Elizabeth Alexander The Light of the WorldBU Today: Many memoirists say they “had” to write their book. But yours, about so much more than loss, speaks to anyone who’s loved or been loved. In writing, did you give much thought to the reader? Do you often hear from widows who found solace in the book?

Alexander: I have heard from so many different kinds of people who have experienced loss—yes, some widows, but mostly people who have lived to tell the stories of many kinds of loss and want to share them. We need to tell our stories. I never imagine a reader because I think you can’t; it interferes with the writing process. And then, you get the beautiful surprise of all the people out there who connect with your words and share themselves.

What responses to the book have surprised you?

How many there were before the book even came out. And the people who have said that through reading the excerpt and the book that they felt they knew Ficre, and then that they lost a friend.

It’s clear that being a poet informs and shapes your narrative. How would you describe the way it does that?

I wrote this memoir as I write poems: word by word, sound by sound, image by image, attending to the music as I shape it.

Do you believe poets, even more than writers, experience the world differently from most people? What are the ways you register experience as a poet?

It’s our job to keep our antennae up. It’s our job to say what we see. It’s our job to stay at the difficult places and work through them. To quote Adrienne Rich in Diving into the Wreck, to dive down and excavate “the wreck itself,” and bring back treasures.

In what ways did you and Ficre, from opposite ends of the world, speak the same language?

Ficre and I were remarkably similar in key ways. We both came from very strong, devoted families. We were both committed artists who believed in each other’s work unsurpassingly. We both were ready to start a family. We were both internationalists who loved language and culture and learning. We had the exact same idea of what a happy home would be: food, music, talk, a garden, love. So all of that makes the cultural differences what’s interesting.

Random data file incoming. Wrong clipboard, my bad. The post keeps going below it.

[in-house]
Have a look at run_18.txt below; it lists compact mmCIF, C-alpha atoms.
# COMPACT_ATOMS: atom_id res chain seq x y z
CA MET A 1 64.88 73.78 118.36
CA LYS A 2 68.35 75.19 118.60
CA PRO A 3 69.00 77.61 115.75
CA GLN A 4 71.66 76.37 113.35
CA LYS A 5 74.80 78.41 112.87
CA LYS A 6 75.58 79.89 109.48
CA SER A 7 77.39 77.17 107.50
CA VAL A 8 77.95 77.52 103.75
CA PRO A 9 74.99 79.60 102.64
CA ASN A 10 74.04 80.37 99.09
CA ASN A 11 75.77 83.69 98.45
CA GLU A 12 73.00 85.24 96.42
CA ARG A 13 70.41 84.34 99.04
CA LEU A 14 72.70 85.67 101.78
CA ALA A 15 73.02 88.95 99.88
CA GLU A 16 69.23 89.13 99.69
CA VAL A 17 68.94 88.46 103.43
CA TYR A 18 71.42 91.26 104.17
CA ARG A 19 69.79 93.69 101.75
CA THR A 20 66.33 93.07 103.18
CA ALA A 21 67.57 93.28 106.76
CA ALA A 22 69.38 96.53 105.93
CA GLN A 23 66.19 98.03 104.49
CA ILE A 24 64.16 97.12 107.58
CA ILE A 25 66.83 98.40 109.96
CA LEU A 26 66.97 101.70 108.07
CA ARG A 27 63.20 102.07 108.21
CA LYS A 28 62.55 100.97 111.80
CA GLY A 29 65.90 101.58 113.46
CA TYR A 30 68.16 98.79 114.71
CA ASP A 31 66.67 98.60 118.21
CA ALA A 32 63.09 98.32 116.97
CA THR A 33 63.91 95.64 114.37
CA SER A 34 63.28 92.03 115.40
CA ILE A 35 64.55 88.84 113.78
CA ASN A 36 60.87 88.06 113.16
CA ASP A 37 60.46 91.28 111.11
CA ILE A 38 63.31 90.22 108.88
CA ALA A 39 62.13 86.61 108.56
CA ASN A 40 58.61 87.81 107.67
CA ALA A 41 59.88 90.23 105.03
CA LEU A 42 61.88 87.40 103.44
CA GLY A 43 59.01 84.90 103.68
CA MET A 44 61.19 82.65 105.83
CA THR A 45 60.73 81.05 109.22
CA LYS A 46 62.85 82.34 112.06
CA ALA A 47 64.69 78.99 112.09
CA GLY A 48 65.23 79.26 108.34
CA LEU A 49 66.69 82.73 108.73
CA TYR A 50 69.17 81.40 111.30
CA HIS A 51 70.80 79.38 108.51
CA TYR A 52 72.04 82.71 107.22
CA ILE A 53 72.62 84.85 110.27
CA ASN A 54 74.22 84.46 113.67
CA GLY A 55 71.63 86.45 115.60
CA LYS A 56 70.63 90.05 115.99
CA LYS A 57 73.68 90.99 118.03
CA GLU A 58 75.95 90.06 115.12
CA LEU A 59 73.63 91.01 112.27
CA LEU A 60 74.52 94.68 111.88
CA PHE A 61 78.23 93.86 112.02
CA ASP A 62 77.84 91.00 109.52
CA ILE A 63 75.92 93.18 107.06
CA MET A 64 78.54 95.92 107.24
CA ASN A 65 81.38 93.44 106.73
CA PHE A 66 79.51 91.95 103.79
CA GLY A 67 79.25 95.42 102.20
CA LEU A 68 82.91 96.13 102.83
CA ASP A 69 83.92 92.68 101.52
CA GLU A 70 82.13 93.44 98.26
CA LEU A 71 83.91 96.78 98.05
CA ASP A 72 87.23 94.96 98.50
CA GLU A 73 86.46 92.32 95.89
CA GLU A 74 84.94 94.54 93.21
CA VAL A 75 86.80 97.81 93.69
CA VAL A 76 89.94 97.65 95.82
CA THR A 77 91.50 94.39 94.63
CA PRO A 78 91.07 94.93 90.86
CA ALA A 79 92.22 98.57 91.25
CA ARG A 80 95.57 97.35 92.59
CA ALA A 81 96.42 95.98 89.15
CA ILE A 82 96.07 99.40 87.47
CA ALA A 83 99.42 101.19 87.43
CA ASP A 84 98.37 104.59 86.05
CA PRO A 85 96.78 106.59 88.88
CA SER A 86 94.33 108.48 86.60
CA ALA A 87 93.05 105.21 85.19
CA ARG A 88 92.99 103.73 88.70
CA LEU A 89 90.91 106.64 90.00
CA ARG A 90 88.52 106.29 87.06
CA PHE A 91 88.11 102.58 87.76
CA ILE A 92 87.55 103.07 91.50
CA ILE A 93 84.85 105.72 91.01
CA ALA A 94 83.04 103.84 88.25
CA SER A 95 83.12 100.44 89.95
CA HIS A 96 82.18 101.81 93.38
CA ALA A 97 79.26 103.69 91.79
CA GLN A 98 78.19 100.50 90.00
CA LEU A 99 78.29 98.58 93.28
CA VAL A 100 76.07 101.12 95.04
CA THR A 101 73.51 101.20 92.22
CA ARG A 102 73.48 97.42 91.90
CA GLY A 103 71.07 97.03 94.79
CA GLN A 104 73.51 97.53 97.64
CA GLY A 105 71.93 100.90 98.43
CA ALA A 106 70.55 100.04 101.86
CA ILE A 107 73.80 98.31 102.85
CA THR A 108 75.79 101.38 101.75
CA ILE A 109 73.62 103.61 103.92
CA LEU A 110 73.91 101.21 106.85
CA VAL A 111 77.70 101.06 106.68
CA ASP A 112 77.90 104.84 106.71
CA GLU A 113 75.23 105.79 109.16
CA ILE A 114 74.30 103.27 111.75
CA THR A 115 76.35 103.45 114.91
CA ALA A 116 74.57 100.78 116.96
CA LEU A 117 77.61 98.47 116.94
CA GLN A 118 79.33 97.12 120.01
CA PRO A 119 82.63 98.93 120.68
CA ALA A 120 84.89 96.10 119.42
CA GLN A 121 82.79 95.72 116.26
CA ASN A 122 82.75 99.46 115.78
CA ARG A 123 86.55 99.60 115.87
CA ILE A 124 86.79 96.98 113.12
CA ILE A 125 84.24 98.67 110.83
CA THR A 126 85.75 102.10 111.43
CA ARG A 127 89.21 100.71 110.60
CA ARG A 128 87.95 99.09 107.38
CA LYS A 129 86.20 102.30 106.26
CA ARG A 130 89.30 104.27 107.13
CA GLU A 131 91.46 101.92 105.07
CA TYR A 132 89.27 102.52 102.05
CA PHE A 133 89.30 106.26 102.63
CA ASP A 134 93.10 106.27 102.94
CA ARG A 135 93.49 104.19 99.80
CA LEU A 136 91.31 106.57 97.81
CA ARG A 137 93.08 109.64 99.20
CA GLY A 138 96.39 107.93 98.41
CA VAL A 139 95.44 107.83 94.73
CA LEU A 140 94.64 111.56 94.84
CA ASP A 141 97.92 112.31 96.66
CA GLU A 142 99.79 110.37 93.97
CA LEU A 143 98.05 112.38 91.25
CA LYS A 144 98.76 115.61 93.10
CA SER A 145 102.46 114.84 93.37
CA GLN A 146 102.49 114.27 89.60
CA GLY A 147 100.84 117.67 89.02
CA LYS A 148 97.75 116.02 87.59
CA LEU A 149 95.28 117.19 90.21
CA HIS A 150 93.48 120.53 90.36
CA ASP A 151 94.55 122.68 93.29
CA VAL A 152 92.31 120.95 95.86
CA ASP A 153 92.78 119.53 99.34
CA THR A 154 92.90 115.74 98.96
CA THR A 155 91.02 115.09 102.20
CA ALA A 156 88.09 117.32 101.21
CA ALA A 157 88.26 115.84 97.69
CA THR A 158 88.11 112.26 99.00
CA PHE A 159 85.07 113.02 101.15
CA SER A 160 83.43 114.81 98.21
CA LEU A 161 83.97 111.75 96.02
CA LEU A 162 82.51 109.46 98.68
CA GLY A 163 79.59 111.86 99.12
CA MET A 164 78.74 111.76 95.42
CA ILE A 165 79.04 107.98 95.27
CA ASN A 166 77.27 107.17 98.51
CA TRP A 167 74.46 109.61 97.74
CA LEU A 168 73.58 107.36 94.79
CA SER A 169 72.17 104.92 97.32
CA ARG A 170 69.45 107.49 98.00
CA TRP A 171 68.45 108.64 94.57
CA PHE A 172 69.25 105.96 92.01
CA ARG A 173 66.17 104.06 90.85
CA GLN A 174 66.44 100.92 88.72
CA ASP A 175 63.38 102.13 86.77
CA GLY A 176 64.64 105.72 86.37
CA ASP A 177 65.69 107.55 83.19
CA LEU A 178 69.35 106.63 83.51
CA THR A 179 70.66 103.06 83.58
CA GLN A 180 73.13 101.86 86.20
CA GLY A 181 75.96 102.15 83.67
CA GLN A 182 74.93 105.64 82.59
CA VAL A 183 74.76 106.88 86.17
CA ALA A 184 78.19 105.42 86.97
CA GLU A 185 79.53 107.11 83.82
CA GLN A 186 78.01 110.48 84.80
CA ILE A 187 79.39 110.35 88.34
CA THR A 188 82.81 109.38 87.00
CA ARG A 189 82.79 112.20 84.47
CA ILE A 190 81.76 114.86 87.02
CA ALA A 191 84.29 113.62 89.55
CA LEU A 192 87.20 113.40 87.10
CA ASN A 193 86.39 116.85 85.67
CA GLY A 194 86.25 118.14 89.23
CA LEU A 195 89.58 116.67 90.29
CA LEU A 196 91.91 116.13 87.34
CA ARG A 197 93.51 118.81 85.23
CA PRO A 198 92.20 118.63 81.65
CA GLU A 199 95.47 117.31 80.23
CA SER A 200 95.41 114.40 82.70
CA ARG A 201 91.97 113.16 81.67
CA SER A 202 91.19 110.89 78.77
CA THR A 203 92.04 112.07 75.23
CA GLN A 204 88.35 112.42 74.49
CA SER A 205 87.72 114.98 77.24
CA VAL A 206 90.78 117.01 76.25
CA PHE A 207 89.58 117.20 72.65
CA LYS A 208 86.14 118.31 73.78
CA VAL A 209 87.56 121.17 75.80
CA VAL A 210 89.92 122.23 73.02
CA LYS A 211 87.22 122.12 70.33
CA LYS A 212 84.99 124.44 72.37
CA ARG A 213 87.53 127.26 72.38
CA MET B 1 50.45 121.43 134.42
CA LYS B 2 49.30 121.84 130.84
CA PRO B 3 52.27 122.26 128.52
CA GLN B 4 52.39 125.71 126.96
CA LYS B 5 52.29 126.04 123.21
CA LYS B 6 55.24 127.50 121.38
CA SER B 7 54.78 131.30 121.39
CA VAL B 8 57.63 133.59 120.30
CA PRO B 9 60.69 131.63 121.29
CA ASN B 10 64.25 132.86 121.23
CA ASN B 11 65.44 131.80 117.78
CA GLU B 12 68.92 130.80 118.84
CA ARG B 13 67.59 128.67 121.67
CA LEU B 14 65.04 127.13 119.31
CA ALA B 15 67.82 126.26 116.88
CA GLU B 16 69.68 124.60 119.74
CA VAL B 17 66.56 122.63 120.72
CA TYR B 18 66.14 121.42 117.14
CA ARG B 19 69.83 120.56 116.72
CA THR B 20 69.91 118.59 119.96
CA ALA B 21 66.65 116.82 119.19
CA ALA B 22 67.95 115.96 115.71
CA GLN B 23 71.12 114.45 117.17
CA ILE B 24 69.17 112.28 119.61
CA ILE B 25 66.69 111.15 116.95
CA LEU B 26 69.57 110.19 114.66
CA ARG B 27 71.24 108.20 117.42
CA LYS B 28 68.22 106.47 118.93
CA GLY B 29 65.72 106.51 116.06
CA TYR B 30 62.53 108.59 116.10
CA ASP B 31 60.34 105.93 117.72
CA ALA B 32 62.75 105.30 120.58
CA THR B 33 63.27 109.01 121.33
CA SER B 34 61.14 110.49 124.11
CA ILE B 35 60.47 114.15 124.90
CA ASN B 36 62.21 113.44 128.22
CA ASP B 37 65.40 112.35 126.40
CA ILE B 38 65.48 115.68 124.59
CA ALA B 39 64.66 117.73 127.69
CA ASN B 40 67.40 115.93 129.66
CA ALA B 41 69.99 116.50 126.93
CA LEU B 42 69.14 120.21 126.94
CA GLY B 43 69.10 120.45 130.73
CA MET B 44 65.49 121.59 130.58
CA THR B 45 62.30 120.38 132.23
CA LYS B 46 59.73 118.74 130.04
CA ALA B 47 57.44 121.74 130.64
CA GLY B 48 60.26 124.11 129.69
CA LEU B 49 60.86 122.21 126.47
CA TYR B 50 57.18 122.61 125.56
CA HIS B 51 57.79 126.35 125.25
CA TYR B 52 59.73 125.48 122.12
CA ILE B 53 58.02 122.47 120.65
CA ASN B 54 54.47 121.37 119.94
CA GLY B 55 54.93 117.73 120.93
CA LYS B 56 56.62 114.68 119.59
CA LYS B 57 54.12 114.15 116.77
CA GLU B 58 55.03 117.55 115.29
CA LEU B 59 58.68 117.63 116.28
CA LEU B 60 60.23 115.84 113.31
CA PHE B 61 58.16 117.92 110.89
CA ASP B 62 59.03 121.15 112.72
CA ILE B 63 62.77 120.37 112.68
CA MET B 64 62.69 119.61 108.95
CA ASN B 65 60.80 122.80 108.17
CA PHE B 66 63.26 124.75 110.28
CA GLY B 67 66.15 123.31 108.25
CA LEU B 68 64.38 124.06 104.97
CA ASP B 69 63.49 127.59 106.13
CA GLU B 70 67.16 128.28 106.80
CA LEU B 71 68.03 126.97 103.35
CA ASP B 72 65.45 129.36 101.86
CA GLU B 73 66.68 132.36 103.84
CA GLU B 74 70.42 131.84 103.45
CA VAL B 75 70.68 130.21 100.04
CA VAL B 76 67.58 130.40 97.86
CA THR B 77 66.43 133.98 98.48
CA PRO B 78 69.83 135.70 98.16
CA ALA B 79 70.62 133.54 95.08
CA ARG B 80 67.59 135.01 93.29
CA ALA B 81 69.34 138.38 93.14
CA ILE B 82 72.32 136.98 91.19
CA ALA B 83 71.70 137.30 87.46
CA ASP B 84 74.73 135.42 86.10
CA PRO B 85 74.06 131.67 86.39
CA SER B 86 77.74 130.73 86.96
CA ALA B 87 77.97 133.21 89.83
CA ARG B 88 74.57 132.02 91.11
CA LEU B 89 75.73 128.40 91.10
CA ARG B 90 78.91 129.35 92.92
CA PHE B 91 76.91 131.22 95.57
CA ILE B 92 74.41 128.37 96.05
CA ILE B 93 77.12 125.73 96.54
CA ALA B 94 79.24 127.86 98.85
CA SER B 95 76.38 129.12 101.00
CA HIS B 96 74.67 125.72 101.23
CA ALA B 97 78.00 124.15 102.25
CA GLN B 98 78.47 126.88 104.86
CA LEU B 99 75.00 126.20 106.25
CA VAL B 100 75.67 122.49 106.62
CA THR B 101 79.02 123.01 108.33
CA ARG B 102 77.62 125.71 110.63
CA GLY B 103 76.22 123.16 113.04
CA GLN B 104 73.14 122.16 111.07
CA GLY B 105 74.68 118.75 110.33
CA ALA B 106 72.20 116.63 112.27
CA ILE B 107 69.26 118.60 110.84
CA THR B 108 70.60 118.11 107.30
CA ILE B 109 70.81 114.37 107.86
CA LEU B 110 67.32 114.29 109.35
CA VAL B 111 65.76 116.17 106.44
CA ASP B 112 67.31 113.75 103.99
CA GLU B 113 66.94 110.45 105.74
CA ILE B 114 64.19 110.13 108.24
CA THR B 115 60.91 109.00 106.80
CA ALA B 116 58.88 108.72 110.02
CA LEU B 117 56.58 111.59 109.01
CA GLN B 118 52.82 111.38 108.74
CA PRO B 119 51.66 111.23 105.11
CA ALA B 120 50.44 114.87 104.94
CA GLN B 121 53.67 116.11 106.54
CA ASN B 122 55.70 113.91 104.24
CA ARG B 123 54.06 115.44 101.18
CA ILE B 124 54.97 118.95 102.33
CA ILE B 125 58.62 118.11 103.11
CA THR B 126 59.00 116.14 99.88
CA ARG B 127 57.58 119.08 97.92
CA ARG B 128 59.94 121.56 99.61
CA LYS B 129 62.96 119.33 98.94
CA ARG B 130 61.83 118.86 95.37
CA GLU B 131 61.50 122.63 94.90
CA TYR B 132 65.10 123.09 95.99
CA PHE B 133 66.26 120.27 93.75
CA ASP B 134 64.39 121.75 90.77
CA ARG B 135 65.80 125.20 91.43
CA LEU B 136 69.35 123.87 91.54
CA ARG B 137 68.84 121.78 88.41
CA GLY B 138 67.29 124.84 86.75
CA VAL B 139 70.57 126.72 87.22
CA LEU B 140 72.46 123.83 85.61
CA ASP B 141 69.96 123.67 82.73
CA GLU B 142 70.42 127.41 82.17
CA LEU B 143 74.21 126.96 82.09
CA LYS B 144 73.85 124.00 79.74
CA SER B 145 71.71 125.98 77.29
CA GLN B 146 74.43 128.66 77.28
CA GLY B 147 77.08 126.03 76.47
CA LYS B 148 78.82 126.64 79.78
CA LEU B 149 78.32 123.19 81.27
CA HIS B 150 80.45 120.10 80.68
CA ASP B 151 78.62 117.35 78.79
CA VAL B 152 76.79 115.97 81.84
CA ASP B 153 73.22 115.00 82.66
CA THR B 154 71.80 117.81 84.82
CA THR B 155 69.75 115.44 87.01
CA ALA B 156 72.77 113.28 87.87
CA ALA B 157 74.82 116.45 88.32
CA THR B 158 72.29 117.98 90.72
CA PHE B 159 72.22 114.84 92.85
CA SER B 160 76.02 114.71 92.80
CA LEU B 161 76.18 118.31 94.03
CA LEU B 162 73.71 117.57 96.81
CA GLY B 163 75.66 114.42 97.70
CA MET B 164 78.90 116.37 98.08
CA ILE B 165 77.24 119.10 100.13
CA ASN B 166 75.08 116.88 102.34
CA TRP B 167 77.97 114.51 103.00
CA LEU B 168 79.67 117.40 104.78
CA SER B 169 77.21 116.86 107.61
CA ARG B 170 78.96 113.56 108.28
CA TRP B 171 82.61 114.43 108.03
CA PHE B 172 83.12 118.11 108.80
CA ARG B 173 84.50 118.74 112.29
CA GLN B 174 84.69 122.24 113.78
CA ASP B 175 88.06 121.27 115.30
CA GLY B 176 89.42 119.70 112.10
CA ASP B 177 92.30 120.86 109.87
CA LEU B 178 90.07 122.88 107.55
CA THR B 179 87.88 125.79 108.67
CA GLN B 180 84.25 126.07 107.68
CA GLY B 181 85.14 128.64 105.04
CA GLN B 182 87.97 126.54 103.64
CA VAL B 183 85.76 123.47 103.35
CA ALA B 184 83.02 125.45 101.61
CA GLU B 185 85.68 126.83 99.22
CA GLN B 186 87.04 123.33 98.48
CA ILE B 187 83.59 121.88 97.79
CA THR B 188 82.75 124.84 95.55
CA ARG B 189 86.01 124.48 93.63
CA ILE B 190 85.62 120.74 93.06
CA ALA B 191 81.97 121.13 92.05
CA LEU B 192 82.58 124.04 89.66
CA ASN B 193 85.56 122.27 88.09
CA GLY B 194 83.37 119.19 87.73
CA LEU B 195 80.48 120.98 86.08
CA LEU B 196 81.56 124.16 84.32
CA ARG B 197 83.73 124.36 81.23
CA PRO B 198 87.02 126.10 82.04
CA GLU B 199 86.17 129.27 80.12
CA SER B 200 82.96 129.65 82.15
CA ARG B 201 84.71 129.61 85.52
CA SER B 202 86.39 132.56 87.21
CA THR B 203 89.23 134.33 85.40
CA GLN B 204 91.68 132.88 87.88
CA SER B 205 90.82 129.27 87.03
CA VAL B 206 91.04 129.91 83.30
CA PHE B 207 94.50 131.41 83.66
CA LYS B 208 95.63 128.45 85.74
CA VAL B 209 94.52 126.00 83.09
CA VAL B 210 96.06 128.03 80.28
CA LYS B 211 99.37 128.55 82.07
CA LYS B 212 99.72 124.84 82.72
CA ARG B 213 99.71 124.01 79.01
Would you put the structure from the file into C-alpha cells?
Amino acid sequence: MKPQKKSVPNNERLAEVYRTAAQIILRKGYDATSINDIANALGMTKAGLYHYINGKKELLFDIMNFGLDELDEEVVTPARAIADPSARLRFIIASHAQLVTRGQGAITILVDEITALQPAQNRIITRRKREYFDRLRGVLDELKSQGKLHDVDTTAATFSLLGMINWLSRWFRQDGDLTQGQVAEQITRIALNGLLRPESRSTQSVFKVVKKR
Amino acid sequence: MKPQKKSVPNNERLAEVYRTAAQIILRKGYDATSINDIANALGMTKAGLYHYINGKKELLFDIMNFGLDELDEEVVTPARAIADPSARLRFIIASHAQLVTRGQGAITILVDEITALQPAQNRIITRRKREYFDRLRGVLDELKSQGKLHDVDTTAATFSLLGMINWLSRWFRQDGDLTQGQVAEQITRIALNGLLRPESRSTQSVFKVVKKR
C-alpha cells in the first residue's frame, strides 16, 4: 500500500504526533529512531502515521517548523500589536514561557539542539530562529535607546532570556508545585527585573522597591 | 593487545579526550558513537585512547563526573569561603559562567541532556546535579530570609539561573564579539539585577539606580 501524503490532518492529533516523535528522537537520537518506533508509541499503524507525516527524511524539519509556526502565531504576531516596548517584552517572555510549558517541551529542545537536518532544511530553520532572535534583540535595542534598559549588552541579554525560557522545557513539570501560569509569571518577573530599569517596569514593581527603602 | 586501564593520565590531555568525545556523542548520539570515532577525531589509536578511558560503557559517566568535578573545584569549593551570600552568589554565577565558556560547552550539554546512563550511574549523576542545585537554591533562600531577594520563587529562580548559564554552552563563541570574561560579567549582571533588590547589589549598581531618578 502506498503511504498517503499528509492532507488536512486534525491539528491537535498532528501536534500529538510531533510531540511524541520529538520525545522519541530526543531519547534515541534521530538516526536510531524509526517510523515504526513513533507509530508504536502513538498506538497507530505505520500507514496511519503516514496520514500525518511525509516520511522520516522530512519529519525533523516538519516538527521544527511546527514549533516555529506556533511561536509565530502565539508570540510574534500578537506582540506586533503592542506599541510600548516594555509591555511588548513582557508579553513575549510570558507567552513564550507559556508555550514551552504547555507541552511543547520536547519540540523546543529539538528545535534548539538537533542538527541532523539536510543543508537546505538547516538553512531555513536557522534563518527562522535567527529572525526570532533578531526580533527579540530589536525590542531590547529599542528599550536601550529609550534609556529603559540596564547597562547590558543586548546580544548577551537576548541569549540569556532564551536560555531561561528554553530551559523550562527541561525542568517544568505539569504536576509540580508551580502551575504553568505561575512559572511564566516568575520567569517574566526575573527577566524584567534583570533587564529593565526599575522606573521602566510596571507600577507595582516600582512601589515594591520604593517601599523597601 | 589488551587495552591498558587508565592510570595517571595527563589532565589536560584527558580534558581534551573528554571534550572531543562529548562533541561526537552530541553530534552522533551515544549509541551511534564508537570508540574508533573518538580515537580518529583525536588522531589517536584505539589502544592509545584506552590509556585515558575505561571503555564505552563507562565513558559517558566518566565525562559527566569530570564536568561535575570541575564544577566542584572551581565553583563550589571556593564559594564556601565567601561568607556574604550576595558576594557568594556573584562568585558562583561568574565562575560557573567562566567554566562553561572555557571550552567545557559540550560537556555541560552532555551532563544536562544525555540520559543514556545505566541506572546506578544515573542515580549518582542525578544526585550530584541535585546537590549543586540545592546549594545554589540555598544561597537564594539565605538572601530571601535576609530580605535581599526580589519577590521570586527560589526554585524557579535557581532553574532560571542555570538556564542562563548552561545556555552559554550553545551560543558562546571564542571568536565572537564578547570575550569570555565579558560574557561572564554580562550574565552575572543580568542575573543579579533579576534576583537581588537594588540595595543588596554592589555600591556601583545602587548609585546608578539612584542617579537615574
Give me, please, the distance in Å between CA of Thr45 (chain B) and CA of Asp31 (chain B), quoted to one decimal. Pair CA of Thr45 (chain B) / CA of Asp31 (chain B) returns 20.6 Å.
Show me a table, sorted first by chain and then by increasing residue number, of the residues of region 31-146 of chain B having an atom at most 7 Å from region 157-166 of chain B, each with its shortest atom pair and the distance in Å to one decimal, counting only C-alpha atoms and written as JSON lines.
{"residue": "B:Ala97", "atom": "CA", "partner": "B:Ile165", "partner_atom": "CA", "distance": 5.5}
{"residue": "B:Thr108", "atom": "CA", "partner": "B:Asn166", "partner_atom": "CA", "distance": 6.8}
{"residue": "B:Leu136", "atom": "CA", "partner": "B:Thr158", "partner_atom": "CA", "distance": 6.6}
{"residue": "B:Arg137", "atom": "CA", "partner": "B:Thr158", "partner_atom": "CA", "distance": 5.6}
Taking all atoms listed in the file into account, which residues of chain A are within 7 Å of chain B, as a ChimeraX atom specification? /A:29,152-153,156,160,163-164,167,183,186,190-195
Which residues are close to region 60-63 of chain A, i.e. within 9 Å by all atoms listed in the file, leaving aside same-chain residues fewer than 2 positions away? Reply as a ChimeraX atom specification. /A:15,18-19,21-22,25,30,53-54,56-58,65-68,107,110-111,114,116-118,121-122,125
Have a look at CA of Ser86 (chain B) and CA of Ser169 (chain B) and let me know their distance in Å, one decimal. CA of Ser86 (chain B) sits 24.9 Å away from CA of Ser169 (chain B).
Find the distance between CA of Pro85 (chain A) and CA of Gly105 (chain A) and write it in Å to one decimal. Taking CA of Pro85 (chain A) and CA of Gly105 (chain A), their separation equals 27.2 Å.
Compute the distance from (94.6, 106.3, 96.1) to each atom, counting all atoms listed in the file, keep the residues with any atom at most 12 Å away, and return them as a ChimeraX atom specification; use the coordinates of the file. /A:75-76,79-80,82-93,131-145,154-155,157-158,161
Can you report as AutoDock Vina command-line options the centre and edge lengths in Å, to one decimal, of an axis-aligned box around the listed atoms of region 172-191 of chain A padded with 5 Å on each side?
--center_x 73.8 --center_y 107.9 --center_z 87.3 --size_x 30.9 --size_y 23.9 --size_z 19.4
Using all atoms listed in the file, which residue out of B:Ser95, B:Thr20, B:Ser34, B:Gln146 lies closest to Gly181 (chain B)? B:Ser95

Your sons are so well drawn—were they aware you were writing the book? Has its existence been helpful to them, and have they embraced it?

I would not have published this book without their involvement and comfort and assent. I would have written it, because as an artist I needed to, but not opened the world to it. They’ve been amazingly honest, interested, and excited.

What did you learn about yourself and how did you grow from becoming, through marriage, an African African American? In what ways is a cross-cultural marriage a gift to couples and their children?

It’s a big, beautiful, connected world, and I want my children to experience it that way. You belong to more than just where you are standing at any given moment.

How did Ficre’s struggle for survival in Eritrea inspire the lessons he taught your sons?

He was grateful for life’s small gifts. He taught them to know and understand the world. He taught them the cost of violence.

You were a critically acclaimed poet when “Praise Song for the Day” thrust you into the international spotlight. Did you anticipate the harsh criticism from some corners that followed?

There will always be unfair criticism—you just have to keep going and make the work, even when the noise is loud. I think of Kay Ryan’s great poem “Lime Light” and the need to focus on what’s in front of you: the work.

You teach, write essays, plays— do you have a writing schedule?

I wrote The Light of the World while on sabbatical. I’m so grateful for that aspect of academic life.

Who are the writers and poets, living or dead, you admire most?

Always, always Gwendolyn Brooks. Lucille Clifton. Robert Hayden. Toni Morrison (I consider her a poet of sorts). Walt Whitman. Rainer Maria Rilke.

How much can the craft of poetry be taught, and how much is a gift?

Poetry can indeed be taught, like most skills. But the gift of voice is its own thing, as well as the determination to work through and despite discouragement.

What are you working on now?

My teaching, my children, and following the new directions the memoir is leading me in.

A version of this article originally appeared in the Summer 2015 edition of Bostonia.